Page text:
Thursday marks one year since the police raids targeting Kurdish press and media organisations in Turkey’s southeastern province of Diyarbakır (Amed). Among the targeted organisations were Xwebûn, the sole Kurdish-language newspaper in Turkey, and JinNews, the only women’s news agency in the country.
During the operation, 22 media employees were arrested, with 16 journalists among them subsequently being sent to prison for pre-trial detention. The journalists still remain jailed after a year.
Imprisoned co-chair of the Dicle Fırat Journalists Association (DFG), Serdar Altan, has evaluated the past year, expressing unwavering determination to defend truth and condemn injustices, in a letter published by Mezopotamya Agency on Wednesday.
Altan’s letter explains the background of their arrest, as well as exposing the absurdity of both the police’s and pro-government media’s portrayal of journalism activities as evidence of terrorism.
“A total of 22 people endured a lengthy eight-day detention period. For eight days, we waited without knowing the charges against us, as there was a confidentiality order on the file, and our lawyers were unable to access it,” says Altan.
Altan further exposes the complicity of pro-government media outlets in perpetuating a false narrative. He underscores that the police leaked their case files to these outlets, which subsequently propagated the journalists as members of an illegal organisation.
The indictment against the journalists was only prepared by the prosecuting authority after 10 months, while the court scheduled the hearing for three months later. By the time the journalists appear before the judge on 11 July, their detention period will have exceeded 13 months.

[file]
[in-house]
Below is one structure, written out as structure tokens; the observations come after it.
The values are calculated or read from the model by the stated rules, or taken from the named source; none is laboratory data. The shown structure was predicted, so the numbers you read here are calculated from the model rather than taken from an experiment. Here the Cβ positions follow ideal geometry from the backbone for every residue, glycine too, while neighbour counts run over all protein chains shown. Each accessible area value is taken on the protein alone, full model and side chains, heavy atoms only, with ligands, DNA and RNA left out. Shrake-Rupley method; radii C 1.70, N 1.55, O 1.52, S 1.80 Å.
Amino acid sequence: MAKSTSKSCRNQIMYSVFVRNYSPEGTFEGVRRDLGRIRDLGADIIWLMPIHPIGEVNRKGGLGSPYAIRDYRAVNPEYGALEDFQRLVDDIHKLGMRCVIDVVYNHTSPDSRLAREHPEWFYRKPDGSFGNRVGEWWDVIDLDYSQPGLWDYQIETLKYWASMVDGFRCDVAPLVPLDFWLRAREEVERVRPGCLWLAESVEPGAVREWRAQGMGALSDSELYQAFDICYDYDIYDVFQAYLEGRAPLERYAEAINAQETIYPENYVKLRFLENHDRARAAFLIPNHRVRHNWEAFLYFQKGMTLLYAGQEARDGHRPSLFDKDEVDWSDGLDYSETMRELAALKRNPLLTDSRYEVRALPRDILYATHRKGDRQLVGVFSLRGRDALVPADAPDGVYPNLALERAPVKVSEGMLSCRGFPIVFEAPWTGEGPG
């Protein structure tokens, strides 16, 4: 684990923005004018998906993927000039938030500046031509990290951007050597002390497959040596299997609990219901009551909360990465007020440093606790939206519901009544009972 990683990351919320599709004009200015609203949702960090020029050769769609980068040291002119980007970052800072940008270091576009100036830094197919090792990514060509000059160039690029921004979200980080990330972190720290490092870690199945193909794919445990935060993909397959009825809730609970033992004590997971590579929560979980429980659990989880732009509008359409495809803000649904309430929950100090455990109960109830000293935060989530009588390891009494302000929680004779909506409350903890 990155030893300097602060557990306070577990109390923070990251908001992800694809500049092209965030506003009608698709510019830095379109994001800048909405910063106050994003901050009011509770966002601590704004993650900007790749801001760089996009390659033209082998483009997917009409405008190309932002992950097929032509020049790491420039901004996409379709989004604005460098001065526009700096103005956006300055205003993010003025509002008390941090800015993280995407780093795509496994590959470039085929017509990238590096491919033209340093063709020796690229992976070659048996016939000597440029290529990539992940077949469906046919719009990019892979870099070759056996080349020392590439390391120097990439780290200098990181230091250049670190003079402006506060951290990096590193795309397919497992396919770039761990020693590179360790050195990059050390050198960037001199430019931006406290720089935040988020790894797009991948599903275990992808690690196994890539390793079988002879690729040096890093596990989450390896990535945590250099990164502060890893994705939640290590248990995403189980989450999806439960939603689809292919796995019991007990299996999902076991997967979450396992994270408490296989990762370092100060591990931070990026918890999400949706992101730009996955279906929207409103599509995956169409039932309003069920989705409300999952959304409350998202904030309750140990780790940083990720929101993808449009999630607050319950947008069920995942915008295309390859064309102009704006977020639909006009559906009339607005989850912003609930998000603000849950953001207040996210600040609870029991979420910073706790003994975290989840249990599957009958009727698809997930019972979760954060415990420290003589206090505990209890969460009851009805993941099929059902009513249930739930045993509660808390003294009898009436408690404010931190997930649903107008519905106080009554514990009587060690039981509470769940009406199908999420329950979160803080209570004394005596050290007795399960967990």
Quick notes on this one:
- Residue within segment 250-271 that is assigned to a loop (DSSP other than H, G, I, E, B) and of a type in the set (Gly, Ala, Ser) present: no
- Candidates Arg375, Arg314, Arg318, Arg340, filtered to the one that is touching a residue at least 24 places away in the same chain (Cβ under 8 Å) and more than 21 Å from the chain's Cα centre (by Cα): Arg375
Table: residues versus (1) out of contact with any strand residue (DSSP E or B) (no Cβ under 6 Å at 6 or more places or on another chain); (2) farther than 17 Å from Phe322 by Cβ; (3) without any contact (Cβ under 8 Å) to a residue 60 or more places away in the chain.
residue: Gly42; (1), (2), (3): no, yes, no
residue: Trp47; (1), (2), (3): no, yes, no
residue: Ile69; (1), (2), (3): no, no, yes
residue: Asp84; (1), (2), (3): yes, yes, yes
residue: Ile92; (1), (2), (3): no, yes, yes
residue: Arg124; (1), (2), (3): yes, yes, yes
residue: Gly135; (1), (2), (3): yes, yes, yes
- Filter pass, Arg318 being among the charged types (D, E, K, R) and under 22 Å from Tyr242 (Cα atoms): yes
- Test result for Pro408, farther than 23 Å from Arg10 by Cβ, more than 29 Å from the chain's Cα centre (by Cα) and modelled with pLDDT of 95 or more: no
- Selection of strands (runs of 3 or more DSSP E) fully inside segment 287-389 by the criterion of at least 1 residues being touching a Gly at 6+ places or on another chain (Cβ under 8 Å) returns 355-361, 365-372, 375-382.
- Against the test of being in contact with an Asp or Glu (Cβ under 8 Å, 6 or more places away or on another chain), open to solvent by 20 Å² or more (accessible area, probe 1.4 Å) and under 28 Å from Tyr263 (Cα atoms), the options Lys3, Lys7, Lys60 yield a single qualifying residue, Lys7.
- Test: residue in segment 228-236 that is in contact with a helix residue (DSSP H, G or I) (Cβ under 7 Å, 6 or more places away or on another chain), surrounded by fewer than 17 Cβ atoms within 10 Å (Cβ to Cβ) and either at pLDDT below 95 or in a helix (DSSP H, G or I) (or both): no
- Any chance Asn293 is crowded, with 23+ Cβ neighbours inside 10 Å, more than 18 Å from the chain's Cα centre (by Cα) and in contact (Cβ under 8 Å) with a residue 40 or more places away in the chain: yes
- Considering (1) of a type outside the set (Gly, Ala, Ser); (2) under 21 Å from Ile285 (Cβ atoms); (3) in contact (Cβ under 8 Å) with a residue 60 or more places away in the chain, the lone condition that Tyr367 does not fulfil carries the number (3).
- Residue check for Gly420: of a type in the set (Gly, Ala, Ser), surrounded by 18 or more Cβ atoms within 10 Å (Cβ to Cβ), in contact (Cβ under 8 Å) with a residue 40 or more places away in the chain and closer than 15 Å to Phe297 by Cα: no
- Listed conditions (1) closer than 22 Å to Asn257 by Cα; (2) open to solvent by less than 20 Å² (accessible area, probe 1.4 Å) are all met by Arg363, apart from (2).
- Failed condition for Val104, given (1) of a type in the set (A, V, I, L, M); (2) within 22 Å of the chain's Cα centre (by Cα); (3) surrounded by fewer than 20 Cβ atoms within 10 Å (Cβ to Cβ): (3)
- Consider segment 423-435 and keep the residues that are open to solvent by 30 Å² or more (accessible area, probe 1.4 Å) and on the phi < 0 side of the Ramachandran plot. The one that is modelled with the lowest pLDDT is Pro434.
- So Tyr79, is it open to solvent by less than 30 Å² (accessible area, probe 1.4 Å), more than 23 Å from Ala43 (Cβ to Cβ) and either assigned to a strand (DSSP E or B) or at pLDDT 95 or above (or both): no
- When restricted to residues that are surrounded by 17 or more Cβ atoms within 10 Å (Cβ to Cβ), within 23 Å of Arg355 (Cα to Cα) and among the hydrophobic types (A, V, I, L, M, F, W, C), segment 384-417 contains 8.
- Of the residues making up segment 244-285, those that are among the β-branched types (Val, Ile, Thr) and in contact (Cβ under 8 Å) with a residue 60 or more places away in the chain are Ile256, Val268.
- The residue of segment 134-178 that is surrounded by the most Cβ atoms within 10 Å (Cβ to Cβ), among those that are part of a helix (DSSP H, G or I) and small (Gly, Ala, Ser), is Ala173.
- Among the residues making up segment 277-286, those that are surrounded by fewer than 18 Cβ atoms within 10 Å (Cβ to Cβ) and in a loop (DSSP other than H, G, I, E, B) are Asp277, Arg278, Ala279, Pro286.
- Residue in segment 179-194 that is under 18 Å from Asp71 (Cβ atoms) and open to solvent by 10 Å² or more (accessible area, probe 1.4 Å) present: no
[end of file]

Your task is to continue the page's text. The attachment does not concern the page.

Altan contends that the operation’s purpose extended beyond silencing journalists; it aimed to obstruct the public’s right to receive accurate news. “We, as journalists, shine a light on those who plague society like a nightmare, by amplifying the voices of the unheard, bringing the invisible to light, and boldly proclaiming, ‘The King is naked’,” he asserts.
Undeterred by their circumstances, Altan emphasises the resilience of the imprisoned journalists, stating, “Despite the heavy price we have paid throughout the years, our determination to defend the truth remains unwavering.” He assures that they will persist in upholding the integrity of journalism, whether incarcerated or free, and calls upon colleagues and democratic circles to lend their voices to the cause of press freedom.
Altan’s concluding statement resonates powerfully: “Let it be known that journalism is not a crime!” As his impassioned plea for unity against the suppression of journalists reverberates not only within Turkey but also across the international community, the government has carried on its crackdown on pro-Kurdish circles with further operations and arrests.
As of 20 May 2023, there are at least 58 imprisoned journalists and media employees in Turkey, according to the Turkish Media and Law Studies Association (MLSA).